The initial source of this innovation is closely related with techniques developed by Dr. Elaine Ingham (currently of the Rodale Institute), and all users were familiar with her work. However, local techniques had been broadly adapted based on independent discoveries, and considerable practical experience by non-farmer collaborators. Compost teas and slurries represented the Production innovation that addressed the broadest number of production needs including: soil building, fertility, nutrient cycling, plant vigor, fruit quality and yields, and pest prevention and control. Each adopter / adapter of this innovation had experienced a small trial on their farm that had “made a believer” out of them.

Innovation development advanced from an initial trial to a broader trial during which more careful observation of results occurred. Slowly each farm began investing in greater resources toward implementing the practice. The general practice consists of mixing water with a high quality biological inoculant (worm castings, hen litter based compost, aged wood chips) and various food sources including simple or complex sugars (table sugar, molasses or sorghum syrup, fish emulsion) and mineral mixture (sometimes including humic acid, azimite, gypsum, soft rock phosphate, high cal lime) to stimulate a microbial flush. Aeration or mixing for 12-24 hours is desired to stimulate the microbial flush. Application of the liquid compost is then by sprayer (5-50 gallons) or by hydroseeder as a slurry (200-400 gallons). Application rates differ considerably by farm and by year. Recommendations are for highest frequency possible, but at a minimum of 3-4 times per year, mainly in fall and winter, and at least once in the spring. Early applications are thought to have the best effect “so microbes are building up before plants need to take up nutrients. The most consistent user applies 500 gallons, 2-3 times per week on average, throughout the growing season.

During the process of innovation adoption several farms have demonstrated interesting innovation adaptation strategies. The most significant was recognition that high-pressure sprayers likely damage and kill microbial populations, and contribute a diluted effect when compared to using a “slurry” which incorporates a wider opening on the nozzle allowing sediment to be pumped with the water. This technique uses a conventional hydroseeder (designed to spray grass sprigs without killing them), and a homemade motorized compost sifter to remove small bits of debris that would clog the nozzle.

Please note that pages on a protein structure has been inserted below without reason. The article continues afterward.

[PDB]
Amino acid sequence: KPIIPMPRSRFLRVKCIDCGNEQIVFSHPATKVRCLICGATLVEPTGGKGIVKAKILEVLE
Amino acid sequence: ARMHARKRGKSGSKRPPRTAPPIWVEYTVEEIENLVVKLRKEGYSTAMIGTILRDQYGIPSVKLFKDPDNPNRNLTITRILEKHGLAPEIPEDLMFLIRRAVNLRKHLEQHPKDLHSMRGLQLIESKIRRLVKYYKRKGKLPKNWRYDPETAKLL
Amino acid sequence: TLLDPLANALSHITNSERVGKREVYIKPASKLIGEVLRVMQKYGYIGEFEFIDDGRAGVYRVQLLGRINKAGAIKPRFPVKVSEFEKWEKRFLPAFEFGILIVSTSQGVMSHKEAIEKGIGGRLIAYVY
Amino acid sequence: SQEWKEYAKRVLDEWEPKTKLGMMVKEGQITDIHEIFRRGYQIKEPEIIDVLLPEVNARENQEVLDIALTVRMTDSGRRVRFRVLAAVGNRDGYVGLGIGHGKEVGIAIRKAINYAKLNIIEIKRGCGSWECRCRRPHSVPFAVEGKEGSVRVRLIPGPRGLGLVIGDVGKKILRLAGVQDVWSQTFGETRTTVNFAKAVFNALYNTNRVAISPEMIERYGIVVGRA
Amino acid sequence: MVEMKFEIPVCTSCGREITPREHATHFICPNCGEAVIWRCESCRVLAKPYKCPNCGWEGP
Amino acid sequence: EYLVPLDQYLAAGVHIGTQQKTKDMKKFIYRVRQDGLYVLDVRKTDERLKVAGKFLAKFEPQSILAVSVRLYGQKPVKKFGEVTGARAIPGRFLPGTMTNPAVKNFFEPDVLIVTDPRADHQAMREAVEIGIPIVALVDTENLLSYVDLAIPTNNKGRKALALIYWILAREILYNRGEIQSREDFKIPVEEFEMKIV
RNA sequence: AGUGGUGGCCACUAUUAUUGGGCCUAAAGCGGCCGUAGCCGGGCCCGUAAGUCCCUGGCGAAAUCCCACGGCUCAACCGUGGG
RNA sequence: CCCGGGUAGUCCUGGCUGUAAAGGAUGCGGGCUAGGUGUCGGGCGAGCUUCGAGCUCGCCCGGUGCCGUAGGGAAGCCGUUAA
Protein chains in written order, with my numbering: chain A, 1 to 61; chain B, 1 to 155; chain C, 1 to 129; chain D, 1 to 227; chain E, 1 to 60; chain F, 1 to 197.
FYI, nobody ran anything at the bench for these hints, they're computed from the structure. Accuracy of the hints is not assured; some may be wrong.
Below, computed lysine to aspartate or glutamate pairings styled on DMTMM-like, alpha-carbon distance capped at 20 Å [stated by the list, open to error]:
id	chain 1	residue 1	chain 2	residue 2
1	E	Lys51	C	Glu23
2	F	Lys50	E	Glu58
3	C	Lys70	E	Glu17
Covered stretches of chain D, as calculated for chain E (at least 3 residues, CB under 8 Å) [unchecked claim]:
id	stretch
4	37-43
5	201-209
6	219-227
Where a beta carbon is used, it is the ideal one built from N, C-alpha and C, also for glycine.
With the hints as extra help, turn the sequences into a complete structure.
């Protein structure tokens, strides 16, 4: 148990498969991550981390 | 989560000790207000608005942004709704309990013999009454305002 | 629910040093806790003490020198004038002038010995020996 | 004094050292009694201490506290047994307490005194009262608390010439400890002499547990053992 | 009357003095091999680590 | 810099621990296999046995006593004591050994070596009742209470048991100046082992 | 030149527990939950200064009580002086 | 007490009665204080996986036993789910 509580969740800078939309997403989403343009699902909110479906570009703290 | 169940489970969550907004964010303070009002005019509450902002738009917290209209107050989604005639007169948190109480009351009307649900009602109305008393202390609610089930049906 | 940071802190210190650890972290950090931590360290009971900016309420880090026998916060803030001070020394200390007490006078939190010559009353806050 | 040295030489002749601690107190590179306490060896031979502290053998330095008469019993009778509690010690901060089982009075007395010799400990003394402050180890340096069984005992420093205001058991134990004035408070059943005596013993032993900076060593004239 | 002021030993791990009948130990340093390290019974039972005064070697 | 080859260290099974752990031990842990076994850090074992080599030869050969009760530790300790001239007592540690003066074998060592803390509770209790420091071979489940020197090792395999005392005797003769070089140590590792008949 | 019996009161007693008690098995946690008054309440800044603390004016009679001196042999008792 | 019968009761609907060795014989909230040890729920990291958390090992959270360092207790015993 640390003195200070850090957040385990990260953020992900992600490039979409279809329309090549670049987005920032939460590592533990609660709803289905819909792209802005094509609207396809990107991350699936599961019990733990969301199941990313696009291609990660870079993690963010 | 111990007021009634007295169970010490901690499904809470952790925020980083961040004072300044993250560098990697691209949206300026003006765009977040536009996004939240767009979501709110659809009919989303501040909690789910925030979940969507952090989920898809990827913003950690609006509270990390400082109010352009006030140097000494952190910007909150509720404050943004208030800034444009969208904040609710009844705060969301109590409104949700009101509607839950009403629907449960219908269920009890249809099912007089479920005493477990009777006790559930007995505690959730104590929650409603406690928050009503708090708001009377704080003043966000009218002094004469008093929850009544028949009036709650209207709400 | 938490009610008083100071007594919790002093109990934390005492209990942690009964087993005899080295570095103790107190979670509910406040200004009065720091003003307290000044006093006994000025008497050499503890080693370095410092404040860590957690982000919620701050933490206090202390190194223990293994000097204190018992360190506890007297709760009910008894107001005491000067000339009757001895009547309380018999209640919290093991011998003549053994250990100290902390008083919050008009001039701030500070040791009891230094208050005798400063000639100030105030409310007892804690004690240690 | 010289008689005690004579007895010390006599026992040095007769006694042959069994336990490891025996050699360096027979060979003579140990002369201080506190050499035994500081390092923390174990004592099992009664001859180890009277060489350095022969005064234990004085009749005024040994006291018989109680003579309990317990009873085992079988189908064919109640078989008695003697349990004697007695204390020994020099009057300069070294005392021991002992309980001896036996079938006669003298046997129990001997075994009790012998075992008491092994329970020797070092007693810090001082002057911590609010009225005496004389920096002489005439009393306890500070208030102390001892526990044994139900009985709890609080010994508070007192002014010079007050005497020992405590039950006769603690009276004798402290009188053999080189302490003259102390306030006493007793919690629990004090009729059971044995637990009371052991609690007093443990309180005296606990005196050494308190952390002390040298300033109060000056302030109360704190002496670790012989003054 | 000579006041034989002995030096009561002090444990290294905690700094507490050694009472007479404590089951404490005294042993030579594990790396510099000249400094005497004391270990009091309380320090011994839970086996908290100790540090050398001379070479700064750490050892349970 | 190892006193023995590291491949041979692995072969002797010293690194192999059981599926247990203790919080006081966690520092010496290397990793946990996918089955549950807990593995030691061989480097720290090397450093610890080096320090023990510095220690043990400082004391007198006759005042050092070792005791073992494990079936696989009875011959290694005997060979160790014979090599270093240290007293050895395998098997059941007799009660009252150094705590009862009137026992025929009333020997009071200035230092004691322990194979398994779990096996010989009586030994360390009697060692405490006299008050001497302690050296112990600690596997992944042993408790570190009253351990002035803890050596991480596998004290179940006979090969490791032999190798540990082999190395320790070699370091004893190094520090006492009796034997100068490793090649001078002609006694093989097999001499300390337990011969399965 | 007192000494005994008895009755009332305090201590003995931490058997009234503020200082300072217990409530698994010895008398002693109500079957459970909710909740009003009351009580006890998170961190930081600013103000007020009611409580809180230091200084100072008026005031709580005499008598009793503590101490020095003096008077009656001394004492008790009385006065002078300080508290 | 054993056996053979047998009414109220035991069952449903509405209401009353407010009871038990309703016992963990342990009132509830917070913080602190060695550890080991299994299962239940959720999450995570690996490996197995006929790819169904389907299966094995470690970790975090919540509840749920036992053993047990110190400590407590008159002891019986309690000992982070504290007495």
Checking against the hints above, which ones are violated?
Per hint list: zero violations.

Rationale for the practice include a belief that increased microbial activity releases nutrients formerly locked in the mineral and organic components of the soil, making them available to plants. There is also an understanding that microbial organisms compete with and kill pathogenic and other pest organisms in the soil and on the plant vegetation itself.

Farms measure their results differently but in general crop performance (such as yield, pest resistance, crop quality), comparisons with a control, and the brix method (testing sugar content as an indicator of plant health and quality) have demonstrated positive results in 2011-2012. For example, Mountain Earth Farms in their first year of application of slurry to corn, tomatoes, and blueberries in 2010-2011 experienced the following results:
• Organic corn with no additional pest control showed few to no earworms, and a sweet flavor, with a brix rating of 56 when 24 is considered to be excellent (using the standard refractive index of crop juices chart) allowing ears to be sold for $1.00 each, a 100% increase in price from the prior year.
• Mature blueberries yielded 10 gallons a bush (a 1/3 increase) and maintained full size berries over the course of the season with no size down. New bushes in their second year gained considerable growth in comparison to expected growth.